The episode comes to an explosive climax when Mr. Turner is in a severe motorcycle accident. The same Mr. Turner that Shawn had dismissed at the beginning of the episode. Everybody gathers at the hospital and Shawn brings Mr. Mack to act as his support. This is when things turn violent as Mr. Matthews forcefully pushes Mr. Mack against the wall while insisting that he stay away from Shawn. Nothing has worked up until this point, because this is a decision Shawn must make for himself. The more that others tell him to leave The Center, the deeper into their arms it forces him.

It’s not until Shawn enters the hospital room to see a badly injured Mr. Turner that things begin to turn. As Shawn sees him unconscious in a hospital bed, in casts, and bandaged from head to toe, the reality of the situation begins to sink in. Mr. Turner had been a safety net, somebody that would always be there for Shawn and the idea of losing him brings Shawn to a newfound realization. He takes Mr. Turner’s hand, and the hand squeezes back… just barely. Just enough to say to Shawn that he still cares, and he’s there for him.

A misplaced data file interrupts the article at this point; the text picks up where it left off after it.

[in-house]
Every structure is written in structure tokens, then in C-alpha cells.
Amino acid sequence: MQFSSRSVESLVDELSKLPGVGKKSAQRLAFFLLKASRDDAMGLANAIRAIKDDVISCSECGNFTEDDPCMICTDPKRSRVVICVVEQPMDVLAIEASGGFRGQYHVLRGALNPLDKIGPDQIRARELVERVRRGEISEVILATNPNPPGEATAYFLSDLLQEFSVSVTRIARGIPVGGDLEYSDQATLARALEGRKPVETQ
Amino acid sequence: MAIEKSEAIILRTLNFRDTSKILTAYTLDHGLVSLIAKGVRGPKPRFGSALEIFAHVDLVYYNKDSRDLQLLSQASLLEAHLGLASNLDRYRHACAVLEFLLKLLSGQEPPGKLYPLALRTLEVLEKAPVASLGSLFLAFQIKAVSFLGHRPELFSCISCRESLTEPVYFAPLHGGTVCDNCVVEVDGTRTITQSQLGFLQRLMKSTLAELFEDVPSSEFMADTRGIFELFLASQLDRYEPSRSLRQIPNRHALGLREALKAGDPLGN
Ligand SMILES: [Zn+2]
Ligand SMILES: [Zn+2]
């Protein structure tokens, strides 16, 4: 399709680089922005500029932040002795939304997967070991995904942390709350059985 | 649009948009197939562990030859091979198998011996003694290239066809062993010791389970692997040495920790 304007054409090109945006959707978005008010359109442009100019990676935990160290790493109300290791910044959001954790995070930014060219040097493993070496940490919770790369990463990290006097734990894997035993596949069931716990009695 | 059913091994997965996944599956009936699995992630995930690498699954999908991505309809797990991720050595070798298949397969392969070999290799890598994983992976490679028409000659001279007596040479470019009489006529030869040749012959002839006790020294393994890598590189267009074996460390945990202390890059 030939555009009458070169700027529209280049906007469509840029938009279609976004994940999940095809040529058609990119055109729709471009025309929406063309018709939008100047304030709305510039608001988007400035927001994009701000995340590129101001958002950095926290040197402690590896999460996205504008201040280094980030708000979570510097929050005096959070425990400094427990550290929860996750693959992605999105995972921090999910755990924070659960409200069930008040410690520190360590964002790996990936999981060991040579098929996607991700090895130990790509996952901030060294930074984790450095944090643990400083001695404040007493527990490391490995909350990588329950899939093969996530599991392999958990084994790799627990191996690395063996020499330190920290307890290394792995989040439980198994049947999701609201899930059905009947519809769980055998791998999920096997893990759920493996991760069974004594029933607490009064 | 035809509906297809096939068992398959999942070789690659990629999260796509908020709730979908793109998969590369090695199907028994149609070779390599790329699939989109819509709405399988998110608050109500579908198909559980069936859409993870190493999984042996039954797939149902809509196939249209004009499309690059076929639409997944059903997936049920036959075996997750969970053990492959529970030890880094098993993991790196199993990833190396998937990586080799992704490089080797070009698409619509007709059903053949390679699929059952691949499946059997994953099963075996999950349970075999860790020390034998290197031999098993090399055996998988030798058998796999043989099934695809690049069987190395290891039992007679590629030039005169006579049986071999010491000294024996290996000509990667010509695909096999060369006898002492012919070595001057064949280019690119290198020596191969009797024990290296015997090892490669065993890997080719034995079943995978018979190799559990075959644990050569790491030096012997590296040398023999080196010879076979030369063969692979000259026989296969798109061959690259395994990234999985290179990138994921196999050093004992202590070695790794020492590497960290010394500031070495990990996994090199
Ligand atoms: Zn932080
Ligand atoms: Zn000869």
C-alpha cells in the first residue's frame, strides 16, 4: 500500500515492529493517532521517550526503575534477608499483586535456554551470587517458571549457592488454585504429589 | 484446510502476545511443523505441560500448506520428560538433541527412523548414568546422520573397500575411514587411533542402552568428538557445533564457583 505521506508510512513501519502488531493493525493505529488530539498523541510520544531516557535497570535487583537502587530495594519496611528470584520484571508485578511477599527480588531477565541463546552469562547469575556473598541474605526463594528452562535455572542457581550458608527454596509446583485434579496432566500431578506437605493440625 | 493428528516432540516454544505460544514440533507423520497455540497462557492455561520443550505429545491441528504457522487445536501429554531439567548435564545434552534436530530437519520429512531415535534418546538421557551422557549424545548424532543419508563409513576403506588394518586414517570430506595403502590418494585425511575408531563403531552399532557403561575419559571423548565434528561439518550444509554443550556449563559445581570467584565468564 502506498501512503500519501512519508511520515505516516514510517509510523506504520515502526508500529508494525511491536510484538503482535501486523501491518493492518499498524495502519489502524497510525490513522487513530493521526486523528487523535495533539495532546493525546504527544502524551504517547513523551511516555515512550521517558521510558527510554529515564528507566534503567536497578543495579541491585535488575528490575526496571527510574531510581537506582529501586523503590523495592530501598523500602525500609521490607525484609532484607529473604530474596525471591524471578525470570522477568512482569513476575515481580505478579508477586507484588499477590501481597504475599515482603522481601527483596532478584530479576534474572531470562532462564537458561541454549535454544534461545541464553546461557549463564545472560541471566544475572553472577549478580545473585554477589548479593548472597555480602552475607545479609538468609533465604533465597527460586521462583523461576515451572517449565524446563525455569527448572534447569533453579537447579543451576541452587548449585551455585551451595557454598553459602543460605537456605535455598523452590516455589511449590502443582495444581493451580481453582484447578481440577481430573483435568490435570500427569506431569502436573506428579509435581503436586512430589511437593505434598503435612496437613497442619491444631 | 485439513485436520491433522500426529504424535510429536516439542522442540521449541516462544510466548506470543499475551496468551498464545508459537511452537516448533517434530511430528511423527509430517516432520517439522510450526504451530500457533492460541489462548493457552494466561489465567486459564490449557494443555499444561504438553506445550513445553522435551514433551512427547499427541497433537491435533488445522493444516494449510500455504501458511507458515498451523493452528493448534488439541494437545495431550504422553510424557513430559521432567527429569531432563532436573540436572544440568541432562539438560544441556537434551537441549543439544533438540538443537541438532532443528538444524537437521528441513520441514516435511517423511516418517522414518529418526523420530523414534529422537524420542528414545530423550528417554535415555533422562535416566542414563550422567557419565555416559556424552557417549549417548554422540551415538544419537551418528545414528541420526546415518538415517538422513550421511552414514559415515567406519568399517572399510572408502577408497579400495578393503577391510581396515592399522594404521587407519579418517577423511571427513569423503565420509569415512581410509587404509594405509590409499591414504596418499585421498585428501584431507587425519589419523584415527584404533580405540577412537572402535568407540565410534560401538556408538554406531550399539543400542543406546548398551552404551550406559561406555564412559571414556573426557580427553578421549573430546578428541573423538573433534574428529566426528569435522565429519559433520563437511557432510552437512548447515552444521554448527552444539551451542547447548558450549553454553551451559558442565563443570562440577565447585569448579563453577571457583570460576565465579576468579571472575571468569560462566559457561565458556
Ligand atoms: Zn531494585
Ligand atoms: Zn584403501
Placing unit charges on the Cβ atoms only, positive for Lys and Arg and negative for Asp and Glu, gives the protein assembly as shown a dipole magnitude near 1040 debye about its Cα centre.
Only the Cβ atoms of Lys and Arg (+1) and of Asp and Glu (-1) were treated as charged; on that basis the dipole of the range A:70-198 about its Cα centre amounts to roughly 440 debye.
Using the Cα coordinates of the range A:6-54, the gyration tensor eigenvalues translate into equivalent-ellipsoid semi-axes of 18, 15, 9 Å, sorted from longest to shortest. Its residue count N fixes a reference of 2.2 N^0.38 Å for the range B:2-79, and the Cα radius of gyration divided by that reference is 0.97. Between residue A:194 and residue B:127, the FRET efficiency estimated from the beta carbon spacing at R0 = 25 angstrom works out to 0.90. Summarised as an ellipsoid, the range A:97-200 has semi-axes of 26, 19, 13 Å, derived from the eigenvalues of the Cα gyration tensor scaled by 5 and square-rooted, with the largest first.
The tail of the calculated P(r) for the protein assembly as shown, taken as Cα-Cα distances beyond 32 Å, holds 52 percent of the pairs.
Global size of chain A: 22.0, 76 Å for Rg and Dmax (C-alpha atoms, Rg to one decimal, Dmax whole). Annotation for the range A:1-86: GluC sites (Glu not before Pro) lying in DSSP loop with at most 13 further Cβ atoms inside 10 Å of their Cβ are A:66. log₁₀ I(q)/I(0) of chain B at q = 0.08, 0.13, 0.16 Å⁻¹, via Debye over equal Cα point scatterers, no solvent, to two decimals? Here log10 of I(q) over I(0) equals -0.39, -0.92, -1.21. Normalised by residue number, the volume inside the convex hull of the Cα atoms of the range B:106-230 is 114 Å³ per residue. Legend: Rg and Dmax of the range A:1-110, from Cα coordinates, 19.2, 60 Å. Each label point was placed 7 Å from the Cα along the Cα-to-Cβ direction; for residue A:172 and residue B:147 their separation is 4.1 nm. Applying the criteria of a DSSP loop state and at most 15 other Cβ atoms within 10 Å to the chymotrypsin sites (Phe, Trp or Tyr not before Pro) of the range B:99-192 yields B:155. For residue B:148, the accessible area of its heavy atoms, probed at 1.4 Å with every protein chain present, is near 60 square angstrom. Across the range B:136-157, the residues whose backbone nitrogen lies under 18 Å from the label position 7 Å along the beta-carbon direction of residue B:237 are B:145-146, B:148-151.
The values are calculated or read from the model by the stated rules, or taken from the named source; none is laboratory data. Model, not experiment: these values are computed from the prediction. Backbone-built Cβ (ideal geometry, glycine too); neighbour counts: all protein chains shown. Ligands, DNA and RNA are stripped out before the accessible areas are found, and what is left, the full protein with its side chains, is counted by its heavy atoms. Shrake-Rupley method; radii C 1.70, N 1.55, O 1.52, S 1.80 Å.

And then, just as quickly as the brainwashing had set in, it was washed away. Shawn sternly tells Mr. Mack that he’s done with The Center and everything returns to normal. For sitcoms of this decade, it was standard practice to end an episode in the same position it had begun. Few occurrences throughout an episode would carry over or have long-lasting consequences. Not even joining a Cult. Cult Fiction pokes fun at a very serious and deadly topic and when it tries to address the material in a meaningful way it does so heavy-handedly. But that’s okay.

Sure, much of Boy Meets World hasn’t aged very well, but it was a staple of every 90s kid’s childhood. It was cheesy, melodramatic, and, at times, pretty dark. But so are soap operas and General Hospital has been on for like sixty years!

Do you agree that this was the darkest episode of Boy Meets World, or did you have a different one in mind? Let us know in the comments. Don’t forget to like, subscribe and hit the notification bell for more great content. Are YOU centered? We’ll see you next time.

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Written by Reilly Johnson

Reilly Johnson is a businessman, journalist, and a staple in the online entertainment community contributing to some of the largest entertainment pages in the world. Currently, Reilly is the President of FandomWire, a subsidiary of Johnson Concepts.